GitHub Universe 2018 Special – Interview with GitHub’s Dev Relations Team, Don Goodman-Wilson

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  • Post last modified:2020-11-25
  • Post category:Interview
  • Reading time:14 mins read

As Sider is sponsoring GitHub Universe 2018, we have had a special chance to have an exclusive interview with Don Goodman-Wilson, a member of GitHub Developer Relations Team.

Two and a half people serving the world as Developer Relations

Soutaro:
Thank you for joining us today. I am going to start with the following question: What do you do at GitHub?

Don:
I am on the Developer Relations team. I, myself, am an engineer but I work on the Developer Marketing team. And the goal of the Developer Marketing team, in general, is to create super fans of GitHub, to go out and find the people who are very passionate about GitHub and empower them to help others learn how to use GitHub as well.

In Developer Relations, we focus specifically — as you can imagine — on GitHub as a platform. And this platform, of course, has two parts.

It has the people who are using the platform and people who are building tools to enrich the platform. And so on one hand, some of our work involves reaching out to those who are building these tools and building things that integrate with the GitHub API, and empowering them to build the best tools so that they can use the best practices and take advantage of new API features as we launch, and help them get past the technical hurdles that they may face along the way.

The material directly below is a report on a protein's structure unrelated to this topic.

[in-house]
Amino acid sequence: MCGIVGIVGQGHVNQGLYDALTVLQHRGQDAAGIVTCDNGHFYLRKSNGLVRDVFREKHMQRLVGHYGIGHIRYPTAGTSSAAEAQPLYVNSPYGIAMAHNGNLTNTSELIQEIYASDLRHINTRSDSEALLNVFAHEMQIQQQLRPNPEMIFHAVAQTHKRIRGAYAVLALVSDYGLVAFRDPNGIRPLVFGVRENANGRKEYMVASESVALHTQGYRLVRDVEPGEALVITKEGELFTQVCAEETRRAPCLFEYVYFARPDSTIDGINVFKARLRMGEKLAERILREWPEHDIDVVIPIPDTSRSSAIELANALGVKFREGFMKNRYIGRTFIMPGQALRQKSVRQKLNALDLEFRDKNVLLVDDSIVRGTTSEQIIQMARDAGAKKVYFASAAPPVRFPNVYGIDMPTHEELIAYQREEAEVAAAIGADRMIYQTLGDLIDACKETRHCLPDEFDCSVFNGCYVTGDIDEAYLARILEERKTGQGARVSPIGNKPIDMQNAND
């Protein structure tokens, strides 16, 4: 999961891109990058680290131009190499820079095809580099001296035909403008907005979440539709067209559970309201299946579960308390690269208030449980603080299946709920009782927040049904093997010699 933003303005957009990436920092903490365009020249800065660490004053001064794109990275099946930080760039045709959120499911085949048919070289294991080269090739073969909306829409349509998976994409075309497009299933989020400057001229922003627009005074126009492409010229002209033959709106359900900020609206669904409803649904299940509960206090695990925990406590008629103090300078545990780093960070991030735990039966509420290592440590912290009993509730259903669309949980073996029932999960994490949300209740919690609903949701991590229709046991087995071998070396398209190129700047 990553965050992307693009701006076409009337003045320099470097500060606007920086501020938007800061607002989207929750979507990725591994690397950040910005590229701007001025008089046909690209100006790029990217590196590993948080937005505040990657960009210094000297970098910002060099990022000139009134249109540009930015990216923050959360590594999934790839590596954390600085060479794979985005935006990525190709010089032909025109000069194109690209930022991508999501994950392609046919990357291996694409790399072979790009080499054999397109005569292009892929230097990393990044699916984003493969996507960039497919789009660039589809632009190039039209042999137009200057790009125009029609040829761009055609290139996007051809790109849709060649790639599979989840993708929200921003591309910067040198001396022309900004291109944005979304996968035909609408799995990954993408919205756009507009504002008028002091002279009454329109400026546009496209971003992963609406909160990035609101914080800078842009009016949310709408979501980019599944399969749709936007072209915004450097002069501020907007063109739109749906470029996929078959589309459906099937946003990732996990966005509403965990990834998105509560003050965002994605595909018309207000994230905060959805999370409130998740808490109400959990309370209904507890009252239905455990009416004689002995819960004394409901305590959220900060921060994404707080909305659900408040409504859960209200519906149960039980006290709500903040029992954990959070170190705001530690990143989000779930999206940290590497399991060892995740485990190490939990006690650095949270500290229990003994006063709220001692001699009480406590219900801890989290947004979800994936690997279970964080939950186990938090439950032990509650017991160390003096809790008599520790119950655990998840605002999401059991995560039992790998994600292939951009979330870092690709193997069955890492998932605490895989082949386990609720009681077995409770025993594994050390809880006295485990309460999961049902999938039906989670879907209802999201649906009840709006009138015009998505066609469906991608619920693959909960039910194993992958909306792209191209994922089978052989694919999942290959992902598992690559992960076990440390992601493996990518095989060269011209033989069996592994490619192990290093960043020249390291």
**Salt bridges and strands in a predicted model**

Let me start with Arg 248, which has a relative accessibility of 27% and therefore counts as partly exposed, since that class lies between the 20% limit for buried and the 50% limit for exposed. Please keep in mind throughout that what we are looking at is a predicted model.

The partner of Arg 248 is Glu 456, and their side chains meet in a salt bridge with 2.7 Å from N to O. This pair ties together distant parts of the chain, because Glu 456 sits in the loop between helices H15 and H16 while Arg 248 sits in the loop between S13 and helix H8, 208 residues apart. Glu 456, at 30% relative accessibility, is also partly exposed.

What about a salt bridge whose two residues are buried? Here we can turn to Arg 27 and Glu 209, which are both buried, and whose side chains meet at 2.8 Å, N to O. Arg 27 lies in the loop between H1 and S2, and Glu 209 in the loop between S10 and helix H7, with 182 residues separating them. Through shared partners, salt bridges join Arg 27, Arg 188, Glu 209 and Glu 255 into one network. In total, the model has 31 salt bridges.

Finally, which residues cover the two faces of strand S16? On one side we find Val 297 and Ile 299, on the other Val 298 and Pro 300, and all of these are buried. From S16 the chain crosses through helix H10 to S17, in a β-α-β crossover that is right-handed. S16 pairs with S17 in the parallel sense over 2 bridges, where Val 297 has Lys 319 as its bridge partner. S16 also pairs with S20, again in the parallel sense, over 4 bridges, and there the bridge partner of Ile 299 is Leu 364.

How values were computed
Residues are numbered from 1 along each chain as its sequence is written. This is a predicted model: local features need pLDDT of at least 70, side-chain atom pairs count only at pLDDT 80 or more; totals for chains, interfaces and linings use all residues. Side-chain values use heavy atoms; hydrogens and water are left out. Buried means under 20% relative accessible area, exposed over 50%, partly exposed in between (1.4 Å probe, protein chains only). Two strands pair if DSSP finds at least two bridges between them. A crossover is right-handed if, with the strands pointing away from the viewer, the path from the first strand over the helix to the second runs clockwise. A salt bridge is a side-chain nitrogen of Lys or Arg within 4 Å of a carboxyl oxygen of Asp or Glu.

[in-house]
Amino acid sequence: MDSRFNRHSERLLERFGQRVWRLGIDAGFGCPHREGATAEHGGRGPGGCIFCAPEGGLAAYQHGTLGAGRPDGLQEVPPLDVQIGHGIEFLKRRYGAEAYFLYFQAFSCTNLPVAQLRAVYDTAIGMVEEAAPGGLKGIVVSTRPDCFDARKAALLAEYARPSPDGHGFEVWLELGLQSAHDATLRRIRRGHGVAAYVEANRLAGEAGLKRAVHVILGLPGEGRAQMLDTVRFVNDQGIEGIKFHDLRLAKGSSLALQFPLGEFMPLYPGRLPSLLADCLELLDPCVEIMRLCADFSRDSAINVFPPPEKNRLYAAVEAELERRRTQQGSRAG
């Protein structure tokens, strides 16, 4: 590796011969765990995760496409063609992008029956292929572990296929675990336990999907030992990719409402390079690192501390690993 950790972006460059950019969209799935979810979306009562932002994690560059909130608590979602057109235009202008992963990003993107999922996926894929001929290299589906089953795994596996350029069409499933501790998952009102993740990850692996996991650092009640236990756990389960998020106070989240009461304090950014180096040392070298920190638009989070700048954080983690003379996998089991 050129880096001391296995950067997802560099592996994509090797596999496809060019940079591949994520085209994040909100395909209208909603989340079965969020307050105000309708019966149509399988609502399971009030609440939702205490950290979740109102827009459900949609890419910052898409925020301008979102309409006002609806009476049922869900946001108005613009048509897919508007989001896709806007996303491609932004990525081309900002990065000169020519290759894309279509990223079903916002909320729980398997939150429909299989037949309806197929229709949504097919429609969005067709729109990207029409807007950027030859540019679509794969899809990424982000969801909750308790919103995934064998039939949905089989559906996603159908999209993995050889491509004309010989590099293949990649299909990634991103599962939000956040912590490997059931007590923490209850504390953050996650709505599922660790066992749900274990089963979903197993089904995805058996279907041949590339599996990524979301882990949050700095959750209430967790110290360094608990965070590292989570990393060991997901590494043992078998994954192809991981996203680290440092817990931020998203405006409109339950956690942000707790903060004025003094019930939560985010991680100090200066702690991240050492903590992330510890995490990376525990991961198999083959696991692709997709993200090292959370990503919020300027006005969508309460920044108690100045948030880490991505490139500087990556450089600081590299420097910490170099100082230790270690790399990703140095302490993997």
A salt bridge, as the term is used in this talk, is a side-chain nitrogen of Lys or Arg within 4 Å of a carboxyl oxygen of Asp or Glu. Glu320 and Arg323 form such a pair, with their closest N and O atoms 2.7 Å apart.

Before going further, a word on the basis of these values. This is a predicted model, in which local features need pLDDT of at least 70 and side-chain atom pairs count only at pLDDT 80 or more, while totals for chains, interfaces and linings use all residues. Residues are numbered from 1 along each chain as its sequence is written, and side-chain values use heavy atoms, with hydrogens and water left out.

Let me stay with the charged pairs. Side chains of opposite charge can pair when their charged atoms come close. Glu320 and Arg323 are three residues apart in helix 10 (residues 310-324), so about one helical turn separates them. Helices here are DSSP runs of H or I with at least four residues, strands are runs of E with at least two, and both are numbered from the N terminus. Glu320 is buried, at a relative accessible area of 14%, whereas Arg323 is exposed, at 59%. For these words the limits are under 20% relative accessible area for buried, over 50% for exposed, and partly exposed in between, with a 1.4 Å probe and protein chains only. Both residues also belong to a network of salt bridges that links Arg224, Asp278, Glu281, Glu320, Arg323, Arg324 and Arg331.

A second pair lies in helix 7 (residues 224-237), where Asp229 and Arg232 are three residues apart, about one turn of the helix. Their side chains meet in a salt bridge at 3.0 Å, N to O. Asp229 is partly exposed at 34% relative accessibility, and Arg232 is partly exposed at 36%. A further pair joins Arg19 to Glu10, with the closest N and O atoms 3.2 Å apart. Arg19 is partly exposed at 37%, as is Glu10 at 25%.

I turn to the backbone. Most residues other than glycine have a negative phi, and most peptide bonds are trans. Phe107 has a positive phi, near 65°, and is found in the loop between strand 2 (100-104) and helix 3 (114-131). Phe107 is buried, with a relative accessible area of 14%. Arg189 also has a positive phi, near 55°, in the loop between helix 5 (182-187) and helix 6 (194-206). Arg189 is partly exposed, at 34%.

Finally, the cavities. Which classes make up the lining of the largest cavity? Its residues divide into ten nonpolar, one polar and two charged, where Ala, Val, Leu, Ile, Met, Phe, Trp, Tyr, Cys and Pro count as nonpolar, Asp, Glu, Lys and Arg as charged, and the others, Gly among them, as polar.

On the other hand, we reach out to developers who are using GitHub as their software development platform of choice, to tell them about all the different kinds of things that are available on GitHub Marketplace. That will be helpful for them in their software development lifecycle, so they can be as efficient and productive as possible with GitHub.

Soutaro:
How many people are working on your Developer Relation Team?

Don:
So, in the Developer Relations team, there are two of us. There is Brian Douglas, who is based in Oakland, California, and there is me in Amsterdam. And our manager, John Britton is based in New York City. He does Developer Relations work but he manages quite a large team of people in Developer Marketing broadly, not just Developer Relations. So two and a half people in the world.

Soutaro:
Ah. It is much smaller than expected.

Don:
Yes, well, we just started. Our team is less than a year old. And we are hiring (laugh)! I don’t know when but, at some point, we will probably be hiring in Tokyo for our team.

Soutaro:
Really?

Don:
I will have to double check on that. I don’t know if we are still looking to hire in Tokyo but we might be. We certainly were a couple of months ago.

Love of Teaching Led him from Philosopher to Advocate

Soutaro:
I think you started your career as a software developer and changed to developer relations in Slack. Could you tell us the story behind the career change?